• Data or trends you may compile such as a "best selling products" listing (everyone wants to know what's hot and what's not), performance patterns (number of returns for a particular product type, for example) or predictions/analysis (such as which product lines or categories are declining and what is going to replace them and why)
  • Your own expertise in using a product and/or helping the customer achieve what they want (for instance, color selection, choice of accessories, mitigating problems they may have or encounter)
  • Internal or external product or services training you may have compiled that could excerpted and published

Of course there are more obvious methods of generating content such as adding comments options to a blog-style posting, or creating a forum for a particular product or service on your site. The only problem with these is that you, as an SEO eCommerce manager, lose control. In random, unedited comments you lose the option to select and place the keywords or search terms you wish the search engines to list your content for. And without those terms, well you literally can't get ranked. (Go ahead try do a search for any term and see how often a listing comes up without that exact term or a close synonym to it.) Conversely, creating a more conscious effort of merging your chosen or targeted search terms (which have the appropriate potential search volume to make the effort worth while) with the content you have can have explosive effects. (See this article on where you should place your keywords on the page.)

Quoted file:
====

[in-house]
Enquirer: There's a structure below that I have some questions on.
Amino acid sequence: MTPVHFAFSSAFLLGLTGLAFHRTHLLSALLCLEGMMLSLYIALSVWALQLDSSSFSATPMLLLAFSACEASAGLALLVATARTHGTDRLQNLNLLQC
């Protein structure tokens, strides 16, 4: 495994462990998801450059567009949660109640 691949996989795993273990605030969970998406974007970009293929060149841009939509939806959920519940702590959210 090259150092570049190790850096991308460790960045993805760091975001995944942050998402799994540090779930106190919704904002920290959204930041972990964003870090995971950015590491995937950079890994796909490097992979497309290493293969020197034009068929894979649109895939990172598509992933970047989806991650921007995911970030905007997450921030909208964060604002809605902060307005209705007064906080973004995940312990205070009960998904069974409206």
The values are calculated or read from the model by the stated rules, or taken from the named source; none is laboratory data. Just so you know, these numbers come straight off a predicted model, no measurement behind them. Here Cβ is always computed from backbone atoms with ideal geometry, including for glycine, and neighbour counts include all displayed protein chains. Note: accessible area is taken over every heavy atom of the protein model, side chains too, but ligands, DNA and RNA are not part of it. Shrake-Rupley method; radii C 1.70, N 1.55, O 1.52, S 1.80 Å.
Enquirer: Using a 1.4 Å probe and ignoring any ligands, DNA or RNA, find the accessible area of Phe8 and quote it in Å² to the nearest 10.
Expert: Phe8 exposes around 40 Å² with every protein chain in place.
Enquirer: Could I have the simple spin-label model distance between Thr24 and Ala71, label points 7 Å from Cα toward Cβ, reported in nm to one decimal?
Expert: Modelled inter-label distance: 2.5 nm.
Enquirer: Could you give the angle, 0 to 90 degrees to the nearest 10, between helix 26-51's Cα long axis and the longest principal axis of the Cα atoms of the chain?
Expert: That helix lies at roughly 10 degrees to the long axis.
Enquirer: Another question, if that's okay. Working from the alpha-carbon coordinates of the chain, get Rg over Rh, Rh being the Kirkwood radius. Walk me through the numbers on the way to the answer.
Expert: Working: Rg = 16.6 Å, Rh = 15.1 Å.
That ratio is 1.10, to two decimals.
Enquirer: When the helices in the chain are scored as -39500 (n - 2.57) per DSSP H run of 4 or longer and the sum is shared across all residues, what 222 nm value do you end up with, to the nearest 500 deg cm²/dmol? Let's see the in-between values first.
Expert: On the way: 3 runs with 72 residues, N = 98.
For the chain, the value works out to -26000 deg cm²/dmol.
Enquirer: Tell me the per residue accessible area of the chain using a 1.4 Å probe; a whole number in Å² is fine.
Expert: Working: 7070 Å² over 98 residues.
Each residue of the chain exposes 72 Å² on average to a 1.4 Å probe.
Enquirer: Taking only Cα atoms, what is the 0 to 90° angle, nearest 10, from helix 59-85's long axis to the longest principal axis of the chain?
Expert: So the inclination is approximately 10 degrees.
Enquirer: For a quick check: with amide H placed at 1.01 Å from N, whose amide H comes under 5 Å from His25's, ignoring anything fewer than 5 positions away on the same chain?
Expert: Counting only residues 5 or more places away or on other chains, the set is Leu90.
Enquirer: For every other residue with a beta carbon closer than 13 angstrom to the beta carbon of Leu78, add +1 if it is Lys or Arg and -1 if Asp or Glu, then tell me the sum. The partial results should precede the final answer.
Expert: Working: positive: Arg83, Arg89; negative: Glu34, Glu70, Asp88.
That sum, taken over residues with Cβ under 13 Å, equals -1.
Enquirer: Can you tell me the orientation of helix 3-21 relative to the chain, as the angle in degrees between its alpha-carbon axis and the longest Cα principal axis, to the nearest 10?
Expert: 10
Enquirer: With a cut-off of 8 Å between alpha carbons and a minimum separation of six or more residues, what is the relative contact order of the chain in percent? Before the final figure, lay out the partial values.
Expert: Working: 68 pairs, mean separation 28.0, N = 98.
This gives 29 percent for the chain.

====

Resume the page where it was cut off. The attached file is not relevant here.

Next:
Planning Your eCommerce SEO Effort